Boy, it's been a while since I've written a blog post. I've been working through some issues with a therapist and just have not felt the urge to compose one. But it's Thanksgiving, and I want to share something with everyone before you gather around the dinner table with friends and family that you may have not communicated with much throughout the year.
There may come a time, when someone shares their struggles with you. Be it a death in the family, an illness or injury (temporary or permanent), job or relationship struggles, or more. Try to stop yourself before saying something we have all said before, "If you need anything, let me know."
I've heard countless variations of that phrase over the last 15 years of dealing with the aftermath of my Traumatic Brain Injury. At first, that is very heart warming to hear that so many people care about me and want to do something to help. But something I've learned, is that the phrase ends up being empty words.
Don't misunderstand me. I'm not saying that the people don't want to help. Or that they don't care. But remember, the person you're saying this to is in the middle of a battle and may not know what they need, even if it is obvious to you. They are struggling under the weight of battle and you have now put another task in front of them.
In my case, with something as complex as TBI that affects every single facet of my life, where do I even begin to start at where I need help? Financial, house upkeep, transportation, recreation, or one of the other areas impacted? This is also not a short term issue like recovering from a minor surgery or injury. This is forever. So how much are you willing to take on? What is too much to ask for?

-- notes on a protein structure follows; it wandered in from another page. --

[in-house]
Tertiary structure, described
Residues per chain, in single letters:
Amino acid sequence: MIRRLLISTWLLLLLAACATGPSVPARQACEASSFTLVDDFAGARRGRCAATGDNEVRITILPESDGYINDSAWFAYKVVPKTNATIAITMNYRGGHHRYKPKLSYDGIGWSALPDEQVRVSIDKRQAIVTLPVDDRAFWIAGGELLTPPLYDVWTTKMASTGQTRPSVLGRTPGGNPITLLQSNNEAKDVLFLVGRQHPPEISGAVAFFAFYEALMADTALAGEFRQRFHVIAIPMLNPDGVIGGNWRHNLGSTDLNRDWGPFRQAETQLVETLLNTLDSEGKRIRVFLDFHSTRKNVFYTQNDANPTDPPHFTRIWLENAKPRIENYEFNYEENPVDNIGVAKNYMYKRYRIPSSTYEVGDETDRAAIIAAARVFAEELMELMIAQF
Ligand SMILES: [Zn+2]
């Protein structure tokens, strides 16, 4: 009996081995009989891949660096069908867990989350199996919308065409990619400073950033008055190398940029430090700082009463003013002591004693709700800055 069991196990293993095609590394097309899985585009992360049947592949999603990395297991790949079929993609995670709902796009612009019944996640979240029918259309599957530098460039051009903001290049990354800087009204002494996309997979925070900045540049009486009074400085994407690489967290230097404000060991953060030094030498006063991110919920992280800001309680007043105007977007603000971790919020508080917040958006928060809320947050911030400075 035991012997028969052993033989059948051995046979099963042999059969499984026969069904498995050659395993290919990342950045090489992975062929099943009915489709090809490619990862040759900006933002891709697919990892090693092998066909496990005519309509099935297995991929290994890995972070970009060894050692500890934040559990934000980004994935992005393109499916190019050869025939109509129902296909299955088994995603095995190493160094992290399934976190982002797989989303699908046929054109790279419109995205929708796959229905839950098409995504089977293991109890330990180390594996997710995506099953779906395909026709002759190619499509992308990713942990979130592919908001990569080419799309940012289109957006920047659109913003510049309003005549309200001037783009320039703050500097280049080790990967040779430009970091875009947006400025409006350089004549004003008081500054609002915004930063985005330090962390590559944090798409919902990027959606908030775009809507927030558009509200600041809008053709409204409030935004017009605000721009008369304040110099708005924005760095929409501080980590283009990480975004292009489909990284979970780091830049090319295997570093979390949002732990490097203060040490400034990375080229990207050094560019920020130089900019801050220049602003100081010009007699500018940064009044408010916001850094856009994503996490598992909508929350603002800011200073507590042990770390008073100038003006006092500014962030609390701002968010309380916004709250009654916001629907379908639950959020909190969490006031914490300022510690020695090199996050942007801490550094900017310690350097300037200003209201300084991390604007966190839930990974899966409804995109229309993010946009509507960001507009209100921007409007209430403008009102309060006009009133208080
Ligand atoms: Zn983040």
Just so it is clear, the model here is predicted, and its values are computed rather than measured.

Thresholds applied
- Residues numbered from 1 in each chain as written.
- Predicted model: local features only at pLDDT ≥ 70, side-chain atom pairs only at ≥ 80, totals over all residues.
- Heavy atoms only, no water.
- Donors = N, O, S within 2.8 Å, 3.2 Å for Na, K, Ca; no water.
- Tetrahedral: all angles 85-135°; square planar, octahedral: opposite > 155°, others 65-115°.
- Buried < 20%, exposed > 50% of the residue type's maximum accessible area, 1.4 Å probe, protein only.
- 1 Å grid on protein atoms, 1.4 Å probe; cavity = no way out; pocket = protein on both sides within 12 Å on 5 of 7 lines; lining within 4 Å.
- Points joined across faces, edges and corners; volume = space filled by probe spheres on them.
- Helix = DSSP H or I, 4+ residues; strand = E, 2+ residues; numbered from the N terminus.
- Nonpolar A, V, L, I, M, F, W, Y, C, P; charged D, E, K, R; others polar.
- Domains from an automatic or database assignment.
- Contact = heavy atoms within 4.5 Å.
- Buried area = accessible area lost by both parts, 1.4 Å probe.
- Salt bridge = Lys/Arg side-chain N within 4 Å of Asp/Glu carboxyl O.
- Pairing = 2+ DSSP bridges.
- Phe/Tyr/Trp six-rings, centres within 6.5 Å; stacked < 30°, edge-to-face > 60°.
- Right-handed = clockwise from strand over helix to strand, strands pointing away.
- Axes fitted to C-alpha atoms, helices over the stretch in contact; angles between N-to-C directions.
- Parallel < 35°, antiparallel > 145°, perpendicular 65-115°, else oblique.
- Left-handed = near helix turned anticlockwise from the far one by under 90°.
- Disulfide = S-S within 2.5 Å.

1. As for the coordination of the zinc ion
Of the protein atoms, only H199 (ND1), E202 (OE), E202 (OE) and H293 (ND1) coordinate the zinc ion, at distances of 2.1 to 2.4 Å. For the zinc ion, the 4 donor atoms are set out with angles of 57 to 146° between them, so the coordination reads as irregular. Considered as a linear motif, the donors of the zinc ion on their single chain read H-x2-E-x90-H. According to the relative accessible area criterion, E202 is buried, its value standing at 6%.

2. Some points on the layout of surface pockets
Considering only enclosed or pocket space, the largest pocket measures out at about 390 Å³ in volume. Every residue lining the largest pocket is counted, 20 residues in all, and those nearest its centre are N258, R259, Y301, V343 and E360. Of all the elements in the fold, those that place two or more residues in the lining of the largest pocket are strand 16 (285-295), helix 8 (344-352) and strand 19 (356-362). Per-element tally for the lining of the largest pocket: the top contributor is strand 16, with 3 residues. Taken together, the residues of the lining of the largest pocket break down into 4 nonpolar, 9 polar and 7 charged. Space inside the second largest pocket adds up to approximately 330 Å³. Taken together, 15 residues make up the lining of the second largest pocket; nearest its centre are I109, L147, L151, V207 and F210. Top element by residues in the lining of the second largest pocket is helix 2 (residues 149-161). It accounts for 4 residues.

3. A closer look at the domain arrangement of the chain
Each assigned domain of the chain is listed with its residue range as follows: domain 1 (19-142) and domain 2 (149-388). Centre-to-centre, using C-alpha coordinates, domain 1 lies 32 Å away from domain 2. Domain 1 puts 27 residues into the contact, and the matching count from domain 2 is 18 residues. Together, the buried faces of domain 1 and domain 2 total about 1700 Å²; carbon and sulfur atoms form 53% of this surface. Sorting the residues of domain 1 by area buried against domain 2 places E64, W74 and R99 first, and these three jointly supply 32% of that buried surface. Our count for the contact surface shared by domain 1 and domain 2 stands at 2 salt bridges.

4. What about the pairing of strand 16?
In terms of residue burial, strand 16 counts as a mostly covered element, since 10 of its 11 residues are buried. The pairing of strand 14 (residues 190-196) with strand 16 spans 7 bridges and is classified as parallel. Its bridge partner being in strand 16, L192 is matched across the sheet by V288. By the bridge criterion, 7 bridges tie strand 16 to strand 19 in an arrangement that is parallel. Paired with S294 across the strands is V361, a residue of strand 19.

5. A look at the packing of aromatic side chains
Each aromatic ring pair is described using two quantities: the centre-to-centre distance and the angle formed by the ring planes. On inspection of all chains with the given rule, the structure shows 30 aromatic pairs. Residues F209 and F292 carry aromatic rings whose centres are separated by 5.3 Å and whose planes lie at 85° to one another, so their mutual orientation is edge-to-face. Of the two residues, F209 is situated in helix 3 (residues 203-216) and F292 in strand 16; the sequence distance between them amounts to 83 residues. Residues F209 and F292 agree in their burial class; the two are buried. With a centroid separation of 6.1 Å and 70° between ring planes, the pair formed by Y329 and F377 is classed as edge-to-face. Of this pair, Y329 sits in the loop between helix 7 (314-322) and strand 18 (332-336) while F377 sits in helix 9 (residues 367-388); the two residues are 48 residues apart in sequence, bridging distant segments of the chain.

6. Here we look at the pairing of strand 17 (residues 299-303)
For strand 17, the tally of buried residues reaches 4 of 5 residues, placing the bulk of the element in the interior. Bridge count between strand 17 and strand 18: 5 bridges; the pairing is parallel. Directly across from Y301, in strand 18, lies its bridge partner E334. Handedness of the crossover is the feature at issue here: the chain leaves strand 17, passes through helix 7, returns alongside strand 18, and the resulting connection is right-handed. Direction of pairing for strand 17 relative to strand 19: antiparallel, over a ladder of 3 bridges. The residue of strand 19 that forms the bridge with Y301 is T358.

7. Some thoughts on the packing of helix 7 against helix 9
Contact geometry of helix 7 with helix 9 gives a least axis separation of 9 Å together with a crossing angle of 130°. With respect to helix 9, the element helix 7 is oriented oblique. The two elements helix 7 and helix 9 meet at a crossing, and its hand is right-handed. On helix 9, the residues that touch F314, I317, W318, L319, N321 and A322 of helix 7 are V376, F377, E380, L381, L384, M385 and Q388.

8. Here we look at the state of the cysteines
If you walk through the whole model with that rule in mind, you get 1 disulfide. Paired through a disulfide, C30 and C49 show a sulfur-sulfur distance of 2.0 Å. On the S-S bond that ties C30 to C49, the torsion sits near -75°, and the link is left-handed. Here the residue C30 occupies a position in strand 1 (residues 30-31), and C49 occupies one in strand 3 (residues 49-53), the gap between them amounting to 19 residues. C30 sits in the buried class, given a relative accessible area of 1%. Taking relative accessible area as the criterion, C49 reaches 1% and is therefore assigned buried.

I'm not pointing fingers at anyone. I have said this to many people who were struggling over the years. Always with good intentions because I care that they are struggling but don't know how to help. And I believe those that have said it to me are likewise doing so with good intentions. Rare is the person who says it simply because they think it's obligatory.
I have therefore decided that I will try to not use the phrase. Instead, I will try to identify ways I can alleviate the burden and offer the person specific ways that I can help by listening to them and putting myself in their shoes. I encourage others to do the same. In fact, whenever someone says it to me, I will simply point them to this blog post. So if I pointed you to this post, please don't take offense.
Now that my Public Service Announcement is complete I feel compelled to share the one thing for which I am most thankful. My wife, Amanda, who has been in the trenches fighting the TBI right beside me. Her strength, compassion, and love have been instrumental in getting me this far and keeps me pushing myself to be the best I can be.
I wish everyone a safe and Happy Thanksgiving!